Johnny Munkhammar skrev på denna blogg från 2004 till sin död 2012. Bloggen är upprätthållen som ett minne och som referens till Johnnys arbete av Johnny Munkhammars minnesfond.

This blog was operated by Johnny Munkhammar from 2004 until 2012 when he passed away. This blog is now in a memorialized state and operated by the Johnny Munkhammar fund.
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Tuesday 2021-11-30, 04:49:04

2005-07-24 14:31:49
Hope and Tragedy in Europe. As I was on vacation last week and deliberately stayed away from most news, there have been a mixture of short-term dramatic and long-term significant events in Europe.

First of all, further terror attacks in London have taken place. Italy and Denmark understandibly fear they will be next. The attacks take place in the countries at the front in the war on terror. Of course; those too weak to defend freedom are of less use to attack from the terrorist′s perspective. But, honestly, the terrorists must be totally ahistoric. Do they know how much London was bombed during World War II? Do they know how much that strengthened the British resistance and will to defend freedom?

Concerning the further terror attacks, also in Egypt, my brother reminded me about "The Tipping Point" my Malcolm Gladwell. It describes why, for example, suicide rates rise for a period when a suicide happens and gets widely known. There are simply many people all the time who consider suicide and are pushed over the tipping point when somebody actually takes the first terrible step. The same effect can probably be seen in the terror attacks. It is not necessarily a co-ordinated effort, just potential terrorists who get encouraged by the first event.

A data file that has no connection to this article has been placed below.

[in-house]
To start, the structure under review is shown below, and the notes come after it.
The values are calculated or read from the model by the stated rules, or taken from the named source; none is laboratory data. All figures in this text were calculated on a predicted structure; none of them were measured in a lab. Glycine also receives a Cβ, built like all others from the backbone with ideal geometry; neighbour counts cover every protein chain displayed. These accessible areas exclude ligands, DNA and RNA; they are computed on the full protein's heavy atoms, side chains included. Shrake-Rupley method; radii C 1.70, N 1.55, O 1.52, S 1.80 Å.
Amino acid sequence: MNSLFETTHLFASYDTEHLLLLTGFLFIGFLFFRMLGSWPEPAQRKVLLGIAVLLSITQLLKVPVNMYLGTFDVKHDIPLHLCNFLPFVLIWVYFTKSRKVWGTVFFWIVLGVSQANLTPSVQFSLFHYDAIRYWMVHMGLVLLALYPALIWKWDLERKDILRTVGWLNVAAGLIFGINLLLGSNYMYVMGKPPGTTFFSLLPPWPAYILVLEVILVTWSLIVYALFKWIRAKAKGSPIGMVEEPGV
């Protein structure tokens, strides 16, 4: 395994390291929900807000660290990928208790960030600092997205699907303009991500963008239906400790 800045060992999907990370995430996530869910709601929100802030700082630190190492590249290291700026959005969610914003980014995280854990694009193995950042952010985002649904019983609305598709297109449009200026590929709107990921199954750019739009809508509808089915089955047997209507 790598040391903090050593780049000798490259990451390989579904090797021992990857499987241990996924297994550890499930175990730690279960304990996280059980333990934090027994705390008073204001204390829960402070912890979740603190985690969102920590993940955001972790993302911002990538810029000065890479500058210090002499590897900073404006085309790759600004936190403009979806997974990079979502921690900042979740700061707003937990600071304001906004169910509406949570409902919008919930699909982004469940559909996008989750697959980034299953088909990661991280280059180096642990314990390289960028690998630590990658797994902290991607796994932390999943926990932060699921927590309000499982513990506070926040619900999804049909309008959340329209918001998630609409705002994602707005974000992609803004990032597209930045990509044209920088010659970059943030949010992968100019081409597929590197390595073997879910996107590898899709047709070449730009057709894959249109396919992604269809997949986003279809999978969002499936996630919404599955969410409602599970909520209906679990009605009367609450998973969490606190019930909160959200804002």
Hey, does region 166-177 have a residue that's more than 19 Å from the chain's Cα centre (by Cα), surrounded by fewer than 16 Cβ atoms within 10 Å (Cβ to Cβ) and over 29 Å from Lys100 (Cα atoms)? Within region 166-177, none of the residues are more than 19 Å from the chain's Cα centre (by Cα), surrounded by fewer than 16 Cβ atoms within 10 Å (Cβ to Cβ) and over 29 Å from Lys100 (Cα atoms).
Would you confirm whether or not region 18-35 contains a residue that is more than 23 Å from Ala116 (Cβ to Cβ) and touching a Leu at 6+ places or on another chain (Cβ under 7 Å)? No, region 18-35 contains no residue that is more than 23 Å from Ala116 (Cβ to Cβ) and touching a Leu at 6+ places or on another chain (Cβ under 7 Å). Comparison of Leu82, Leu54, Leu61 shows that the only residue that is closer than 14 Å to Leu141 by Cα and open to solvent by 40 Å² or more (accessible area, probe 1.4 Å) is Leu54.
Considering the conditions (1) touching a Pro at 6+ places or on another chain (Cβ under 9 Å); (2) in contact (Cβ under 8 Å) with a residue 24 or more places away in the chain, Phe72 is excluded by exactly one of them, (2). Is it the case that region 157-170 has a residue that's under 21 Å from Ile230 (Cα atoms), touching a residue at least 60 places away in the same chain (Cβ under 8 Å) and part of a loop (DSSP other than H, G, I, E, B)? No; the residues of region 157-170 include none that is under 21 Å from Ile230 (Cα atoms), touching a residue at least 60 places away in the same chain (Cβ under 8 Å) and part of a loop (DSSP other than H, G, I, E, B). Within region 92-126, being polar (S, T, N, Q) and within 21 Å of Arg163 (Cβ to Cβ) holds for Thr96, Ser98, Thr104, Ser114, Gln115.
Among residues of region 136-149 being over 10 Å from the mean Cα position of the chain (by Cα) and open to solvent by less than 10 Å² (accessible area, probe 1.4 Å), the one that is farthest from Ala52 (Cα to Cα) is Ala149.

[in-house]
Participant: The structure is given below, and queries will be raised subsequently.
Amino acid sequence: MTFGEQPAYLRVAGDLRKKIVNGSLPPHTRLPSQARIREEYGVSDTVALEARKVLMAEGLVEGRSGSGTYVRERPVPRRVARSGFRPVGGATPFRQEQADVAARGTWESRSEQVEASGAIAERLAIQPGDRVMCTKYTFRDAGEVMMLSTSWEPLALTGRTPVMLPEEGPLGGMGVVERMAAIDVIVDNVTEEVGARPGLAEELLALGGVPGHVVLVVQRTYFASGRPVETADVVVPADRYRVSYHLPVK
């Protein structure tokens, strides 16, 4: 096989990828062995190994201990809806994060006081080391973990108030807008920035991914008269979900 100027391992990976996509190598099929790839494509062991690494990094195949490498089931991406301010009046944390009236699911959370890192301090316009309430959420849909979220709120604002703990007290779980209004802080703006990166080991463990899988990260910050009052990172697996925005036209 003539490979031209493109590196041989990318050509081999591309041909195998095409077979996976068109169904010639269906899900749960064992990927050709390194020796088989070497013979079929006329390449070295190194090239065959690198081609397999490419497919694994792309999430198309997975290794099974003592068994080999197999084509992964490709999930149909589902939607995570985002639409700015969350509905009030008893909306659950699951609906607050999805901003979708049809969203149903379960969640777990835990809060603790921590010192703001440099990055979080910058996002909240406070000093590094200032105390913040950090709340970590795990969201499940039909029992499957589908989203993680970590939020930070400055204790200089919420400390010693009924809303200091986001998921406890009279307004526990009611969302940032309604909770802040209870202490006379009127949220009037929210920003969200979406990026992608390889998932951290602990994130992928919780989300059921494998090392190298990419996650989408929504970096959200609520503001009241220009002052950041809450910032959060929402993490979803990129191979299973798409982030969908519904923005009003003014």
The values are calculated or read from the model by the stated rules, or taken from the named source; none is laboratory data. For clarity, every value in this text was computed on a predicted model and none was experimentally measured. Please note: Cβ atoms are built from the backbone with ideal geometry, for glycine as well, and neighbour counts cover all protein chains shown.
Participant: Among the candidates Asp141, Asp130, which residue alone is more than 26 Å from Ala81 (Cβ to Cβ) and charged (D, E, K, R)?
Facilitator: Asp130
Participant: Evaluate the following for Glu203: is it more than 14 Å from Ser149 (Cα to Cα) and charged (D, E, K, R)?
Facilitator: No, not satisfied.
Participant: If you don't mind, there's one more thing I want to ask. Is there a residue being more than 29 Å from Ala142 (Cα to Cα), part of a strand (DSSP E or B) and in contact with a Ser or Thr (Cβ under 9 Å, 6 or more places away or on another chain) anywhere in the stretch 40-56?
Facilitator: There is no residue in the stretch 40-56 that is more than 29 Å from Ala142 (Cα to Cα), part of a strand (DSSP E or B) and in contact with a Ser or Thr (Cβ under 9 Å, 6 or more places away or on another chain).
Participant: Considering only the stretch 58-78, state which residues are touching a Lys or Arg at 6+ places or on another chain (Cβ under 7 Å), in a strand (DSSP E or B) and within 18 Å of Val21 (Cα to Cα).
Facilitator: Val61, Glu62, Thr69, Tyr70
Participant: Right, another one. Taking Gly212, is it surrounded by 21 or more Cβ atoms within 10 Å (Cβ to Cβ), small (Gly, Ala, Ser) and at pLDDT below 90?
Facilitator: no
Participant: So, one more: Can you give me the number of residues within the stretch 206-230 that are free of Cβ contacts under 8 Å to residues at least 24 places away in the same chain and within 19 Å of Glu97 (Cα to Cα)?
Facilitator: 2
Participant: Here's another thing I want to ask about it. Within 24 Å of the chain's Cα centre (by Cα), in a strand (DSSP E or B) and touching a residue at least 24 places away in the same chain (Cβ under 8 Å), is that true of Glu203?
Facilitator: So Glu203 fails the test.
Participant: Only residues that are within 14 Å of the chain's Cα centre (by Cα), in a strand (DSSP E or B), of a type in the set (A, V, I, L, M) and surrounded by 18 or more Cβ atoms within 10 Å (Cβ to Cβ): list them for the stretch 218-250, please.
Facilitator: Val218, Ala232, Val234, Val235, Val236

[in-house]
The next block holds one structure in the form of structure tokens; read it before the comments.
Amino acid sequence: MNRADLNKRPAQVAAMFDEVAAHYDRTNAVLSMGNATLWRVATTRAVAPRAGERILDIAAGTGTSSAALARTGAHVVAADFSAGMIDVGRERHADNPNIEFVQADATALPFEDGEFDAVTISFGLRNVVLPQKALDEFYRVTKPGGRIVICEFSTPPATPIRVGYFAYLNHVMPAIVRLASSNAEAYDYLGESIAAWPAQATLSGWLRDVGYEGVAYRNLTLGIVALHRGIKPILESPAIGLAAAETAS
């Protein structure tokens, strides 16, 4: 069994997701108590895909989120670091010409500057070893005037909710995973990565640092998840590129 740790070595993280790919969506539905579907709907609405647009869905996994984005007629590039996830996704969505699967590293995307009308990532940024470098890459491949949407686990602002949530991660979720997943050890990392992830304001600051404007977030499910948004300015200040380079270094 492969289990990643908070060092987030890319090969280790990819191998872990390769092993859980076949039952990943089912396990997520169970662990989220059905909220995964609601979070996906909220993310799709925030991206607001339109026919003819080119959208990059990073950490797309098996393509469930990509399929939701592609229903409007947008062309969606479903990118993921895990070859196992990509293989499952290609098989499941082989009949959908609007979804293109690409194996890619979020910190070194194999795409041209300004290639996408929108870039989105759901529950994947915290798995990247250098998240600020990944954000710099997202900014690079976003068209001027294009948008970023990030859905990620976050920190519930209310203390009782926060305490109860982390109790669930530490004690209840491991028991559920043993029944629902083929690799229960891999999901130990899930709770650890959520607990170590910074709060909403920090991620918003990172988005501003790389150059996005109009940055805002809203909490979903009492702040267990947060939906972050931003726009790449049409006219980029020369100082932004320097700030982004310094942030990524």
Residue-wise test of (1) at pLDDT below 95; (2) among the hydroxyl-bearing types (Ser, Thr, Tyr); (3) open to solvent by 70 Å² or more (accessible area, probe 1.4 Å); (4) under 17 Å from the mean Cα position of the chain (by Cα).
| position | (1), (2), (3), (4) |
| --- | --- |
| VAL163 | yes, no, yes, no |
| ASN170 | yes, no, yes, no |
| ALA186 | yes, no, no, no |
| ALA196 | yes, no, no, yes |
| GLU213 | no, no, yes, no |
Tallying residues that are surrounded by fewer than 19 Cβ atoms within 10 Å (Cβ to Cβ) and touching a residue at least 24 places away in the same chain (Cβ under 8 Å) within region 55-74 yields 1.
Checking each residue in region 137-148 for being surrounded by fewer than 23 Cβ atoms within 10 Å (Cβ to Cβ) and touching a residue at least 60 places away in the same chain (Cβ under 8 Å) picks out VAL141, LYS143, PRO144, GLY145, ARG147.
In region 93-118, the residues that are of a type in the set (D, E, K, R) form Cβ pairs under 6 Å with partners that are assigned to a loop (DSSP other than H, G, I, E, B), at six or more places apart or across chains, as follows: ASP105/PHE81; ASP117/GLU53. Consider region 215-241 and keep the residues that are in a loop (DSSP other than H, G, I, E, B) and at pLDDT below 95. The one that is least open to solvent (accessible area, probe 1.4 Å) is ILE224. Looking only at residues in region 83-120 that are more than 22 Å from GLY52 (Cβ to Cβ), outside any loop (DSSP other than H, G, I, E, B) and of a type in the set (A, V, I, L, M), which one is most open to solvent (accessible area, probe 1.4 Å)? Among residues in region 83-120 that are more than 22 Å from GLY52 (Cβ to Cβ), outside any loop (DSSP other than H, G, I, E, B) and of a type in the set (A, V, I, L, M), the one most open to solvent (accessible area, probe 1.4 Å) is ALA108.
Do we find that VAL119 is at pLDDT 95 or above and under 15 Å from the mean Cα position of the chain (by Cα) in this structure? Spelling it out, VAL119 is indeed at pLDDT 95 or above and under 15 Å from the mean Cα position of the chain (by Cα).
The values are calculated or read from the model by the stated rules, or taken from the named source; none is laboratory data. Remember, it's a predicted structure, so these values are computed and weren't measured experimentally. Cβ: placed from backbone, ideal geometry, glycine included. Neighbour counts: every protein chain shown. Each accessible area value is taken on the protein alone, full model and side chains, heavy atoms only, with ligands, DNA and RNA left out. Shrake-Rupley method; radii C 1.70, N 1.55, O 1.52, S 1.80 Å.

Secondly, some smaller events but with long-term importance: CDU leader Angela Merkel and UMP leader Nicolas Sarkozy - likely to be the next German Chancellor and French president - met. There is no more hope for Chirac or Schröder. How much hope can be put into Merkel and Sarkozy? Do they want reform? Do they have the iron will to push it thorugh?

And last, concerning reform for a wealthier and better future, the Greek government is "seriously considering" to replace the current progressive taxes with a flat tax at 25 per cent. The success from Central and Eastern Europe spreads. Reality speaks with a clear voice: a flat tax is simple, fair and makes education and work profitable. And thus you get higher growth, more jobs and better living standard.

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